Development 1.0 led to the creation of the national agricultural research and extension centres, as well as of the international agricultural research system.
Development 2.0 grew with the rise of rural development NGOs. These two traditions did not emerge in a social vacuum and, in fact, they continually influence one another. Despite disparate origins, over time they arguably have become part of a common ideology of “agricultural modernisation”: market-based production, the intermediation of relationships through money and financial systems, and reliance on exogenous knowledge and technology. While each owns its own ideals of environment and public good, in practice, both Development 1.0 and 2.0 emphasize universal notions of “best practice”, rationality, and profit.
While it is difficult to generalise about their short- and intermediate-term effects, people largely agree that Development 1.0 and 2.0 have fundamentally altered the course of global agriculture and food, leading to new forms of land tenure and planting schemes, management of soils, water and seeds, exchange, social relationships and aspirations of rural people and their families.
Meanwhile, there is little doubt that agricultural modernisation also has contributed to unwanted outcomes. People across the planet are dealing with associated problems – deforestation, degradation of soils and water systems, erosion of on-farm biodiversity, proliferation of pests, exclusion from markets and rising climate variability – that fundamentally undermine their food systems and well-being.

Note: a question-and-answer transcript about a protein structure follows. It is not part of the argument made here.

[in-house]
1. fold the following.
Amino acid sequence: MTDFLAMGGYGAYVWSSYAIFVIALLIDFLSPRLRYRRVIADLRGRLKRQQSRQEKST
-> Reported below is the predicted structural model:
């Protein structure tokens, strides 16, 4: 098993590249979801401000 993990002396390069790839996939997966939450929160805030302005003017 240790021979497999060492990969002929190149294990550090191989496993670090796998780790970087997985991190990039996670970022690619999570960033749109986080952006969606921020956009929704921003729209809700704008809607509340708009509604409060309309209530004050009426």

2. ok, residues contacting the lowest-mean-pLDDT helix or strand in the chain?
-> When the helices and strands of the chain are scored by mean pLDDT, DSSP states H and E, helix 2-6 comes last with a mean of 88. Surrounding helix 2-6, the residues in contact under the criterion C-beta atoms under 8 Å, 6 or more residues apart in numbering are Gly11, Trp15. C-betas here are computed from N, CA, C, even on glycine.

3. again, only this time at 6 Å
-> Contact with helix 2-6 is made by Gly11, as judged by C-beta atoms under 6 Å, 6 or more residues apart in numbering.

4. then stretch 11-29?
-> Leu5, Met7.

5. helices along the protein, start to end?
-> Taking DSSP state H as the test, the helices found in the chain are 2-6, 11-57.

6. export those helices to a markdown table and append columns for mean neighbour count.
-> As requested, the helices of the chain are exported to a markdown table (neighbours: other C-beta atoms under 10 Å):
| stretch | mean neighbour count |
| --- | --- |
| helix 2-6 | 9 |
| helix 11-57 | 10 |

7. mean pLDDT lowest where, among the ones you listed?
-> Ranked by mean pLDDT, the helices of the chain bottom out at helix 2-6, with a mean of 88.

Development 3.0: Self-organisation
Though the future may seem bleak, we find reason for hope. Despite the tremendous institutional influence of Development 1.0 and 2.0, we do not find pure forms of agricultural modernisation in farmers’ fields, homes or communities. Short of romanticising local practice, we see that people, their families and social networks largely work outside the formalised institutional environment of development. As such, peoples’ practices continue to be richly nuanced and diverse, where one can find both highly worrisome trends as well as promising opportunities.
In the coming editions of Farming Matters we will share experiences from a highly prominent, though commonly neglected third pathway in development: family- and community-level innovation embedded in peoples’ daily interactions and practices (Development 3.0). We will present our studies on how people, operating in families and social networks, have managed to creatively forge relatively sustainable and healthy food practices in the face of the seeming hegemony of agricultural modernisation.